The roots of food tourism lie in agriculture, culture and tourism (Bessiere 1998; Boniface, 2003; Cusack, 2000; Hjalager & Corigliano, 2000; Selwood 2003-Wagner, 2001; Wolf, 2002b). All three components offer opportunities and activities to market and position food tourism as an attraction and experience in a destination. Agriculture provides the product, namely, food; culture provides the history and authenticity; and tourism provides the infrastructure and services and combines the three components into the food tourism experience.
Food is considered as a reflection of the culture of a country and its people. It is therefore the ideal product to offer as an attraction in a destination and has many possibilities to be used as a marketing tool.(
Gastronomy has developed considerably through the ages, and there are numerous studies that chart the development of gastronomic styles and tastes over time. For example, Mennell (1985) traces the development of eating in England and France since the Middle Ages, and Parsa (1998) has summarized the development of Western cuisine in America (Retrieved from Hjalager , Tourism and Gastronomy,published in the Taylor & Francis e-Library, 2003.)
2.2 Advantages of Food Tourism in Destinations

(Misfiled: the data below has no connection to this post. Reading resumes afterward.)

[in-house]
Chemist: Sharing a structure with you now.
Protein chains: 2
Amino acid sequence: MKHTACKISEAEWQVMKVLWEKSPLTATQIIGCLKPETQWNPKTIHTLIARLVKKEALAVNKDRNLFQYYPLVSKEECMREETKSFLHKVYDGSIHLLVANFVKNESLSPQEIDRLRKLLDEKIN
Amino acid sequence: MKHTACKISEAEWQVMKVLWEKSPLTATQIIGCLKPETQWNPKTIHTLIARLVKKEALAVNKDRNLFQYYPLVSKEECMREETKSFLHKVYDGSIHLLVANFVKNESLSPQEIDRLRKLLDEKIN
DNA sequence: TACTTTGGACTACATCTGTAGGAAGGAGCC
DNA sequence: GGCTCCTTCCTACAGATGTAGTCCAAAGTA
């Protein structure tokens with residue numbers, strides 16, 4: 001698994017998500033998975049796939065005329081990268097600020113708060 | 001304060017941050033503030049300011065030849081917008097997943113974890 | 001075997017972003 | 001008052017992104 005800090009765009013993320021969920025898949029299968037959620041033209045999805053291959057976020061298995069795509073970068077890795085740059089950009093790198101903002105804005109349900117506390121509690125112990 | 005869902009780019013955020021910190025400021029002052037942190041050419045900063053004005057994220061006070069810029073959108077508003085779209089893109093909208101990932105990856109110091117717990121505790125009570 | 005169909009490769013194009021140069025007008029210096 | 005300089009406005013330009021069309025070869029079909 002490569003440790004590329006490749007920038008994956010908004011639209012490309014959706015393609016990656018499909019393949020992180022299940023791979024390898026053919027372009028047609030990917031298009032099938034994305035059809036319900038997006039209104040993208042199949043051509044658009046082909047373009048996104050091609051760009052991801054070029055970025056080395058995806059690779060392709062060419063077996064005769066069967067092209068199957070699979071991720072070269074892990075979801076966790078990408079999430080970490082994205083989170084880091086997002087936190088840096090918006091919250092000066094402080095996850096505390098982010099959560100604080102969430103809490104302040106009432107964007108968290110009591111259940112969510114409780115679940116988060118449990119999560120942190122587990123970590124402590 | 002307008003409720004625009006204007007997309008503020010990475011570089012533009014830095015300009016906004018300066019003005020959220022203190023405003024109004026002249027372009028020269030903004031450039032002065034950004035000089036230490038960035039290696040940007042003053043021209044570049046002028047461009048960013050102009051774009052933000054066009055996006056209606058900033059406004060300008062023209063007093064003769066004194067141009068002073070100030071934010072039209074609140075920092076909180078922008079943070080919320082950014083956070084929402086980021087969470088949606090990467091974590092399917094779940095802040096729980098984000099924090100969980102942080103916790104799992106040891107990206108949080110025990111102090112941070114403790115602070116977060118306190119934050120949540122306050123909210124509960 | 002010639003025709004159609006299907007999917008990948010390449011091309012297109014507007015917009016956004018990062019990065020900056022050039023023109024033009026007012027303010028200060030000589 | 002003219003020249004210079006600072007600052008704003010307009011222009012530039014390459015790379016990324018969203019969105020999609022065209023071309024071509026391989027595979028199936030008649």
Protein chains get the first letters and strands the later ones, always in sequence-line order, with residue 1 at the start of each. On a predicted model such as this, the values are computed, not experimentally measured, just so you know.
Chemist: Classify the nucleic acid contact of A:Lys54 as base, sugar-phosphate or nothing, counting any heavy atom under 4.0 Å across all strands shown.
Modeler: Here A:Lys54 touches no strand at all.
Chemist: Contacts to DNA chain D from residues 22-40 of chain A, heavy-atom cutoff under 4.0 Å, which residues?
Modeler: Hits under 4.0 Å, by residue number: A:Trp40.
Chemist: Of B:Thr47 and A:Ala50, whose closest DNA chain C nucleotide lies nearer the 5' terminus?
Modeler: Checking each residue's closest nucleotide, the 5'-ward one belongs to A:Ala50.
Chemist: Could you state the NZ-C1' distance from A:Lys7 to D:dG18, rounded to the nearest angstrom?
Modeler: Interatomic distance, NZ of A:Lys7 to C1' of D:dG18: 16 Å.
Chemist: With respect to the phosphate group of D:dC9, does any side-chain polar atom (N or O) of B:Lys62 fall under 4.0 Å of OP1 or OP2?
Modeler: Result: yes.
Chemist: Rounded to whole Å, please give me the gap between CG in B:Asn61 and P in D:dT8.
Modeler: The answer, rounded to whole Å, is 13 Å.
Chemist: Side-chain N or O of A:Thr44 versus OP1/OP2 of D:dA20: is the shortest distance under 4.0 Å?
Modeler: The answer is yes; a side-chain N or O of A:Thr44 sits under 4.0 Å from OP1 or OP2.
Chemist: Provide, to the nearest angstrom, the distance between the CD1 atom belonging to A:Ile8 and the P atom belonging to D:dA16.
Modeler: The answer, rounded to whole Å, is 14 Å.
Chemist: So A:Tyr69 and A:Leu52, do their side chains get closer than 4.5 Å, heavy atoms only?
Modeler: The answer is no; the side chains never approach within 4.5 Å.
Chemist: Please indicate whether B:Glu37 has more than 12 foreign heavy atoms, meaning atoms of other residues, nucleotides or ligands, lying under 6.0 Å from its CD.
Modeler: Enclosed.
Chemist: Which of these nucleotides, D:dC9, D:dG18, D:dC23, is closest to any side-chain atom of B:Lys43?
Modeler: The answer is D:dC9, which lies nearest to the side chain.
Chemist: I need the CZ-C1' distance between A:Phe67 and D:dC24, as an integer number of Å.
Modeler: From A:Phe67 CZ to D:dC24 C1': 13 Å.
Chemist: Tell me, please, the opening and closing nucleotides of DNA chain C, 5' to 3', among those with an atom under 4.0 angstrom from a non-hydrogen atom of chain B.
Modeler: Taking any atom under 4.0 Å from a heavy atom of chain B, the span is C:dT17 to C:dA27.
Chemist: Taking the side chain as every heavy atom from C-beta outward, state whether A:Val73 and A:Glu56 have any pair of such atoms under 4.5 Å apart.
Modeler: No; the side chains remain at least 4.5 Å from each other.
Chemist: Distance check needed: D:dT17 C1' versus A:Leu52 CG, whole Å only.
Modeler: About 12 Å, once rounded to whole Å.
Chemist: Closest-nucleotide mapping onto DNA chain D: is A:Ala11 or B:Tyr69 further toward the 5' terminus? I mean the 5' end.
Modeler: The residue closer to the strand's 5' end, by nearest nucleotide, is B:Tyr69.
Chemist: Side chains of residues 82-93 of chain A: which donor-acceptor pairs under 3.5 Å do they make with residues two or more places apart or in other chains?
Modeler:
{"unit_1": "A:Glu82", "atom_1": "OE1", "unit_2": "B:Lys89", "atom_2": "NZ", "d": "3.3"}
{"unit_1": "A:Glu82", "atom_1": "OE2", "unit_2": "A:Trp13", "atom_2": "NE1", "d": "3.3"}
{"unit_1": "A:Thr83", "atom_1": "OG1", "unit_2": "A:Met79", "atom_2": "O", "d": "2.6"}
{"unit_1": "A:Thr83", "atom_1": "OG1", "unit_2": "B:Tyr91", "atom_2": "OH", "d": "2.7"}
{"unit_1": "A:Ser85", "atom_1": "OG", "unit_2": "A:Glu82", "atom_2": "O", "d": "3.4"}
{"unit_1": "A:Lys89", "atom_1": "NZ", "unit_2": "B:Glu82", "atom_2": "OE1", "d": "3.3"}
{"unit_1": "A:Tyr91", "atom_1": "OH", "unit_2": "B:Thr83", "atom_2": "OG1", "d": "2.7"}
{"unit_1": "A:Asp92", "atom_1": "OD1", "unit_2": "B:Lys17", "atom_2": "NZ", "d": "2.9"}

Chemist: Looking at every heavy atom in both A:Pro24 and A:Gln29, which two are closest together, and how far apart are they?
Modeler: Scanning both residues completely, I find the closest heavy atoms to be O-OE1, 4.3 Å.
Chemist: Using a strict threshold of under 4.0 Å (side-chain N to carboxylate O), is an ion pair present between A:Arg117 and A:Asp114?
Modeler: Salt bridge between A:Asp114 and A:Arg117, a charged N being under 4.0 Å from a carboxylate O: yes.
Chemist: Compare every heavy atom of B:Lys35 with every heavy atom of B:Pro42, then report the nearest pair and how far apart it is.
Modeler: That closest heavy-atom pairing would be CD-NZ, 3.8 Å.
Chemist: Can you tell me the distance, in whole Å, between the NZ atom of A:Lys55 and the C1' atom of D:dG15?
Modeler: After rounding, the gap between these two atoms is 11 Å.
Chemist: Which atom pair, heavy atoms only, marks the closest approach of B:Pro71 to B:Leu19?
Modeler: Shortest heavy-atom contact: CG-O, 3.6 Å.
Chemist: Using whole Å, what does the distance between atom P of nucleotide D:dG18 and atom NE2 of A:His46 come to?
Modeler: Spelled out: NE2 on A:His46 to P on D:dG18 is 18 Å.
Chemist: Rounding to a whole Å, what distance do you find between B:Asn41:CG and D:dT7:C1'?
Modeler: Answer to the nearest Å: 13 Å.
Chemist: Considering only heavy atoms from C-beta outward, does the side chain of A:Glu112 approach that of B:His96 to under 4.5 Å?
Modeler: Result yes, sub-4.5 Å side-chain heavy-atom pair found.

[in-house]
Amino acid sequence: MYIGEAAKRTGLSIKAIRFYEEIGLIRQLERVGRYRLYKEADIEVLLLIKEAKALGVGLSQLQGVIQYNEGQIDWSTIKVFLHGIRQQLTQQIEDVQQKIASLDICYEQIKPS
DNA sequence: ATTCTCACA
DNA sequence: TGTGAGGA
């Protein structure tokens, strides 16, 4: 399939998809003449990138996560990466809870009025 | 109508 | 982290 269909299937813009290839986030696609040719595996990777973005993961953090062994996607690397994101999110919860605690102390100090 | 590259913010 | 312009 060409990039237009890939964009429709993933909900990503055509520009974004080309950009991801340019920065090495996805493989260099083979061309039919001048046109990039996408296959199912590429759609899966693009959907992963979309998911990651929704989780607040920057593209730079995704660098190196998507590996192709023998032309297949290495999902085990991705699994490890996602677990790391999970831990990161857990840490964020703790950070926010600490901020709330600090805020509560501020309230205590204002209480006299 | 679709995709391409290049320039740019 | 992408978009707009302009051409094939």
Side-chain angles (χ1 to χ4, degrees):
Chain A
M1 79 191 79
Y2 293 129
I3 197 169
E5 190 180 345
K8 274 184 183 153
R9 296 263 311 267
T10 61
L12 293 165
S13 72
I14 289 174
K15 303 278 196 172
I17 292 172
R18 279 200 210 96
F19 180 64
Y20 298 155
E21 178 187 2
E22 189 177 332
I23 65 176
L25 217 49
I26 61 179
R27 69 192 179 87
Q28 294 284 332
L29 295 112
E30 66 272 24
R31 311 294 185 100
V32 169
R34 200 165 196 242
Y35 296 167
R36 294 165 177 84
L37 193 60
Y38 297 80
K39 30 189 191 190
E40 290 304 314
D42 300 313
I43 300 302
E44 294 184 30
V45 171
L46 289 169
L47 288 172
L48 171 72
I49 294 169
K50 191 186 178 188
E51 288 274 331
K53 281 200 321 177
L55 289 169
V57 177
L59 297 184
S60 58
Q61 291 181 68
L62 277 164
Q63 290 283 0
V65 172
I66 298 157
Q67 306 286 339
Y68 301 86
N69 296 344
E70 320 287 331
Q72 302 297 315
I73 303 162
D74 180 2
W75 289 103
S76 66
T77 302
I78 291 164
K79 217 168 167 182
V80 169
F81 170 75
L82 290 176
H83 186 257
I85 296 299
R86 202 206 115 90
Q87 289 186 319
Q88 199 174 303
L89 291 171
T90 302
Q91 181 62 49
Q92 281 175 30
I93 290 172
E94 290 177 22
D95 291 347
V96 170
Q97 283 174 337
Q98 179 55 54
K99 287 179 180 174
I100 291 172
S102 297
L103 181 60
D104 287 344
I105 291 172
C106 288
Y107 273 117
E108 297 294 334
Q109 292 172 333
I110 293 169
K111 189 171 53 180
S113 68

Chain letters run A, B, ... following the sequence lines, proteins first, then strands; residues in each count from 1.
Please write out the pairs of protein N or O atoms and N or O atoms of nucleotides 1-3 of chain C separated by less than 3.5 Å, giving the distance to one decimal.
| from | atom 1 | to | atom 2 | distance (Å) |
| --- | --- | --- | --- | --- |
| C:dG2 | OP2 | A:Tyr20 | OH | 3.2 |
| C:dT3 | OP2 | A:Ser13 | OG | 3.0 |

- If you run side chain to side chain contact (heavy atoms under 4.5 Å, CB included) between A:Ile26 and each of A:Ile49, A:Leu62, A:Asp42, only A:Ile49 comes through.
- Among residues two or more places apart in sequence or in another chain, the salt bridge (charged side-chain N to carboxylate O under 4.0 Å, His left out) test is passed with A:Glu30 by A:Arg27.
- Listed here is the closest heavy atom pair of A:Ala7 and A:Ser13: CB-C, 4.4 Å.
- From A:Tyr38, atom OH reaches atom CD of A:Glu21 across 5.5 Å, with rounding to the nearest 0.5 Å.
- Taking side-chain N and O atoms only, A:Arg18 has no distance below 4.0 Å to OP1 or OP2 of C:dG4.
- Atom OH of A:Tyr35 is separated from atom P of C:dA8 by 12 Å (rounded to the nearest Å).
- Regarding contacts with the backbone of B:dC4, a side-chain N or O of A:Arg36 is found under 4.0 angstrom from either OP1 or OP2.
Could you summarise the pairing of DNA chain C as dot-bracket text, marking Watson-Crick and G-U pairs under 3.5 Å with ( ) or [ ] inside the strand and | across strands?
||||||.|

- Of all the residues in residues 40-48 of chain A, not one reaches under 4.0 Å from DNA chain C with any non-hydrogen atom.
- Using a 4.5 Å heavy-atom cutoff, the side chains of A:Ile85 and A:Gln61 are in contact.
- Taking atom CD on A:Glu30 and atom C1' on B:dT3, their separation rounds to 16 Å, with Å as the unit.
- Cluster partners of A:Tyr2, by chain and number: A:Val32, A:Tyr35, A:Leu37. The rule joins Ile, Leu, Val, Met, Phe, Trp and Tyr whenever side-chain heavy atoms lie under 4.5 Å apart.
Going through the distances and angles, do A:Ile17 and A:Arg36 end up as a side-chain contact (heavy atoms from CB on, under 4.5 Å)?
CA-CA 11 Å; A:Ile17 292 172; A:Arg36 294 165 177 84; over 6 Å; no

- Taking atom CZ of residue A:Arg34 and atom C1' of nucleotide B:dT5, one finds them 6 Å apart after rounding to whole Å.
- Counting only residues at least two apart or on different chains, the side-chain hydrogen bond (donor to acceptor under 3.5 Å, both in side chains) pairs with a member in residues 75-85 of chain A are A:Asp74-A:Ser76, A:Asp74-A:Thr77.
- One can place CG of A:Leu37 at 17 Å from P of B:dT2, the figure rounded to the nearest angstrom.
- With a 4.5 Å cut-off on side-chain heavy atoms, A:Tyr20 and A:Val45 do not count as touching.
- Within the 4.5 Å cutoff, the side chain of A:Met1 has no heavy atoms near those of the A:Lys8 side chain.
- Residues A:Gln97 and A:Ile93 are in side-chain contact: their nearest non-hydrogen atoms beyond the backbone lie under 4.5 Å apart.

The significant implications of tourist food consumption on destinations have received a growing research interest recently. Evidence from a number of studies suggests that tourists’ interests and preferences for food in a destination can play a significant role in affecting their destination choice (Bessiere, 1998; Cohen & Avieli, 2004; Hall & Mitchell, 2001; Hall & Sharples, 2003; Hjalager & Richards, 2002; Long, 2004) (Retrived from Athena N.H)
Food is rarely the key reason for visiting a destination and most often is considered as part of the overall destination experience (Hjalager & Richards 2002; Long, 2003; Selwood, 2003). However, food is becoming one of the most important attractions as tourists seek new and authentic experiences and alternative forms of tourism (Boyne et ah, 2003; Crouch & Ritchie,
In the popular, and especially the promotional tourism literature, food at a prospective destination is generally presented as an attraction: the fresh, succulent seafood in seaside resorts, the peculiar ethnic cuisines of exotic peoples, the status restaurants in luxurious hotels, on cruise liners and in world metropolises. Whole countries or individual cities are promoted for their unique culinary attractions (Dann 1996:236; Noguchi 1992). However, food is becoming one of the most important attractions as tourists seek new and authentic experiences and alternative forms of tourism (Boyne et al, 2003; Crouch & Ritchie, 1999; Hjalaeer & Richards, 2002; Selwood, 2003).